Emphasis is starting to be placed on the need for new models of managing long-term care for seniors. But many of these approaches are still missing insight on the full picture of all the issues seniors are dealing with both as a patient and as a person.

In order to maximize outcomes, caregivers across the spectrum of services must not only consider seniors’ health-specific issues, but also social determinants of health ranging from access to quality, affordable healthy food and housing to their ability to pay for monthly prescriptions. To make holistic care a reality, providers and health plans also need to equip and empower primary care physicians (PCP).

As the “quarterback” of care, PCPs are simply not resourced or supported appropriately to provide the type of hands-on, value-driven care that leads to high-quality outcomes and, more importantly, high-functioning seniors. In an ecosystem designed to care for seniors, a new hybrid model of care is needed.

This model must both empower the PCP to lead and balance integration of the positive attributes of quality managed care plans—like smart cost control enabled by narrowed network access.

Arming seniors and caregivers with transparent healthcare insights

For too long, we’ve been discharging seniors into post-acute care “black boxes” and not arming them with the insights needed to make intelligent decisions that will impact their health. Clearly, post-acute care (PAC) management must be considered as an integral part of this new senior-centered ecosystem.

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As part of my work, I’ve seen seniors at some of the most vulnerable times in their lives as they transition to PAC. In a senior-centered ecosystem, these patients would have “guardians” to guide them on the best care path forward. They would not be left all on their own to make decisions that impact their health outcomes—like which facility to choose or what doctor is best suited to care for them. Instead, they would have a skilled and trusted clinician to help inform and guide them as they coordinate the integral next steps of their recovery—a clinician who respects the uncertainty and anxiety of patients in transition and is able to empathize and offer both clinical and emotional support.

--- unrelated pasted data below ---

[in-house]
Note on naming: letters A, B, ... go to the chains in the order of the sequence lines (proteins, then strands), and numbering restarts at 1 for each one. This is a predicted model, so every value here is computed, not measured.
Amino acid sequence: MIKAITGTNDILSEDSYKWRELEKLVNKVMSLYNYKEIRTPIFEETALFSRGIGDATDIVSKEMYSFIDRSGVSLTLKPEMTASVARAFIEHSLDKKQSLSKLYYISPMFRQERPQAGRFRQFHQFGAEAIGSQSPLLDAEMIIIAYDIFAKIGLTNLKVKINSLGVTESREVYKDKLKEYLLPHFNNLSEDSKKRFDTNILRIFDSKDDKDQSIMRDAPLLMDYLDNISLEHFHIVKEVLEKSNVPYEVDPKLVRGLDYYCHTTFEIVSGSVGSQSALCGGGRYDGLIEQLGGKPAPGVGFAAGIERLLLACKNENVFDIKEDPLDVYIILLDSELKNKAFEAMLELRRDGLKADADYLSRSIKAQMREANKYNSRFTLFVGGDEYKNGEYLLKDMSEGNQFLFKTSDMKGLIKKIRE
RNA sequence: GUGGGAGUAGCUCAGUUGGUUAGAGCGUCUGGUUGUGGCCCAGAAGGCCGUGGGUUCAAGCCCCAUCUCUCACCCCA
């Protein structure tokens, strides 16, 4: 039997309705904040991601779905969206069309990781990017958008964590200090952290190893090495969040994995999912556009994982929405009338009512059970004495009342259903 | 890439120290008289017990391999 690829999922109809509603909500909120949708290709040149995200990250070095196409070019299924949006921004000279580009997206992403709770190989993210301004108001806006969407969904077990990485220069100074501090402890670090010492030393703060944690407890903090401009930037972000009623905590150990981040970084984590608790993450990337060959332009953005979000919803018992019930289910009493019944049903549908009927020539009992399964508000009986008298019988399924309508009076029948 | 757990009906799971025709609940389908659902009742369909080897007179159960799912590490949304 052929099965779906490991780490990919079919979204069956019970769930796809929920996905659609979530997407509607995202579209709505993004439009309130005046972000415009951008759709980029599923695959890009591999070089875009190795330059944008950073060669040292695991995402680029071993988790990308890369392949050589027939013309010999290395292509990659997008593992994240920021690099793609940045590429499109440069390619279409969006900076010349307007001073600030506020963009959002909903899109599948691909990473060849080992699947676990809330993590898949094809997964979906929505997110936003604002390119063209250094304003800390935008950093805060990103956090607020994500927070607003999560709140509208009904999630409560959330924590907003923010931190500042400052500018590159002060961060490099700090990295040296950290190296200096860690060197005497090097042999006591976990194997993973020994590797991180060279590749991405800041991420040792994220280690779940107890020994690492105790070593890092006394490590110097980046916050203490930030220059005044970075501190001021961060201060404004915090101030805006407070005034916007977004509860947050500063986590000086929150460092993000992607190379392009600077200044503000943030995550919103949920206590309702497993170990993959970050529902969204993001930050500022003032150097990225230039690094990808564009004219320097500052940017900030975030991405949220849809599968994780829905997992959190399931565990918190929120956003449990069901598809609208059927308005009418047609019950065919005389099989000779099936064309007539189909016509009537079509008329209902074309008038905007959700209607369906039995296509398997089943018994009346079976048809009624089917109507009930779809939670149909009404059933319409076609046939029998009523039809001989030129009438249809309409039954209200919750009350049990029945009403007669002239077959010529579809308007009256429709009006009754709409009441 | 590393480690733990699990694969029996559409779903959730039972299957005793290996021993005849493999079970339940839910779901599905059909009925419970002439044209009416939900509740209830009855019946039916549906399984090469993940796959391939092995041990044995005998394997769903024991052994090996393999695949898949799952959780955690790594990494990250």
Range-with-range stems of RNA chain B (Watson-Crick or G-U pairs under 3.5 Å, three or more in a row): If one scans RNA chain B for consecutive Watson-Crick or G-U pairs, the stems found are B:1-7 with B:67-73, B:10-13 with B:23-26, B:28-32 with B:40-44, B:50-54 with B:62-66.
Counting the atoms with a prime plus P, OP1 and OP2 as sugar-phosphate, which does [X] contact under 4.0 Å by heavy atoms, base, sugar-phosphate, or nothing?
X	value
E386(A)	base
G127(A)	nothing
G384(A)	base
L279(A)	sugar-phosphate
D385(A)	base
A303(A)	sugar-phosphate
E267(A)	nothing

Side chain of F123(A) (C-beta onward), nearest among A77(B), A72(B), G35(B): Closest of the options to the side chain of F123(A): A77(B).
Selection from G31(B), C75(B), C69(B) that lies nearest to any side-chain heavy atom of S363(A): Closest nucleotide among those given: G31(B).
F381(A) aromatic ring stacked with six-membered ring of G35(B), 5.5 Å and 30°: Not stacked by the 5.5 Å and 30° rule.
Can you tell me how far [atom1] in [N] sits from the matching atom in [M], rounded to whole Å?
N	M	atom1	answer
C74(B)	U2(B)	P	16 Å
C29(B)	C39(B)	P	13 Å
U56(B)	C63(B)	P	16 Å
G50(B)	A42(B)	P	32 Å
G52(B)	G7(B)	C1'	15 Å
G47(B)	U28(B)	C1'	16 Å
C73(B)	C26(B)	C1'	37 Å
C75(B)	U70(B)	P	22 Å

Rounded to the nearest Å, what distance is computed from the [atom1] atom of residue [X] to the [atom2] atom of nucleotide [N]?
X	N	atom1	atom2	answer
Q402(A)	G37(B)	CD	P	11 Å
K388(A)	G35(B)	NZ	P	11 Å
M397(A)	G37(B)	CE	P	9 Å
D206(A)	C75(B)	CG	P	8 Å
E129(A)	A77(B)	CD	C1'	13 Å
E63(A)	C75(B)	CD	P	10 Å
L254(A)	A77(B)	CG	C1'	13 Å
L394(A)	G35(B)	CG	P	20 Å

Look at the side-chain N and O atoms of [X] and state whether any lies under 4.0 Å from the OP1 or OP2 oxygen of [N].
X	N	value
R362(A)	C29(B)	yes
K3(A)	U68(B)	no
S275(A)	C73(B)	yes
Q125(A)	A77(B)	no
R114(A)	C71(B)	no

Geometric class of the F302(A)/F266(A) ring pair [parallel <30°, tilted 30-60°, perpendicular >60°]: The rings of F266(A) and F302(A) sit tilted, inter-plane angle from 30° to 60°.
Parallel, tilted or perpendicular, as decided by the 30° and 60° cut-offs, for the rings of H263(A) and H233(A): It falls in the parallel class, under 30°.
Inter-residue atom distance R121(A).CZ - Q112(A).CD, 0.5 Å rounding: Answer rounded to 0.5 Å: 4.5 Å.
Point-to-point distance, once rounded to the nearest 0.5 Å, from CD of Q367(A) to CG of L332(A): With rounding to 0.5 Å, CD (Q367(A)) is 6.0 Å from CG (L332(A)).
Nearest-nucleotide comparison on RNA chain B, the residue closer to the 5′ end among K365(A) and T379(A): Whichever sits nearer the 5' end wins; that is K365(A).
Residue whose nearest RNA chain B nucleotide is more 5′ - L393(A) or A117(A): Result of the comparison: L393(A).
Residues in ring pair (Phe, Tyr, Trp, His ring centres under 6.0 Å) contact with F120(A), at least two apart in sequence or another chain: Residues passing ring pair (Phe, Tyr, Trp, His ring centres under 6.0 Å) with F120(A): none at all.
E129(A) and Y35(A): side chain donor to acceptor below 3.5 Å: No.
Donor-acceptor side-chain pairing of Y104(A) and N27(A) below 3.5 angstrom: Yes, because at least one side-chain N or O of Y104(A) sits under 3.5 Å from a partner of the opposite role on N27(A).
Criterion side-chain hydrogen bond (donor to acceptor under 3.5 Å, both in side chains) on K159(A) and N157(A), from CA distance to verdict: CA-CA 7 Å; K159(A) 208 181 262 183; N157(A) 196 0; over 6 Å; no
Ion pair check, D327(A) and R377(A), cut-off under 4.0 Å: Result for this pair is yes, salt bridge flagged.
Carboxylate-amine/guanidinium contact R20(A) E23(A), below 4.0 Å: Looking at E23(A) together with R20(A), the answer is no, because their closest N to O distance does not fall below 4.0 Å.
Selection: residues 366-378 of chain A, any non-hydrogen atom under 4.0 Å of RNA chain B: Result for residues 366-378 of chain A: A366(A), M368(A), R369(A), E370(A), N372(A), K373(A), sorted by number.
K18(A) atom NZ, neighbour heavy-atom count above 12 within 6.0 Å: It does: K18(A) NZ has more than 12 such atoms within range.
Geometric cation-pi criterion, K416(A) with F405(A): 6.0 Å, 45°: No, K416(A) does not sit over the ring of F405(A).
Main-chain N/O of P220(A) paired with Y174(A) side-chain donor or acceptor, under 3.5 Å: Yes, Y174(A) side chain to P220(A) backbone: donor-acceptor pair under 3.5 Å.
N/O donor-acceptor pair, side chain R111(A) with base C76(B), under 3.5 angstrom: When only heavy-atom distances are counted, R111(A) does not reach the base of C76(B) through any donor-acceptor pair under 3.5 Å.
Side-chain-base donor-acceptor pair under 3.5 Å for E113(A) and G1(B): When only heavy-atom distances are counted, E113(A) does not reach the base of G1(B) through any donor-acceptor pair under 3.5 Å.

Luckily, pieces of this “black box” issue are beginning to be addressed with the implementation of the Centers for Medicare and Medicaid Services (CMS) Final Discharge Planning Rule. A key mandate of this rule is the requirement that providers focus on a patient’s goals and treatment preferences as part of the discharge planning process. While this mandate is certainly a step in the right direction, there is more work to be done by CMS to support seniors. CMS must further leverage quality standards to help narrow networks and, in turn, offer seniors access to providers with a strong track record of care processes and procedures that lead to positive patient outcomes.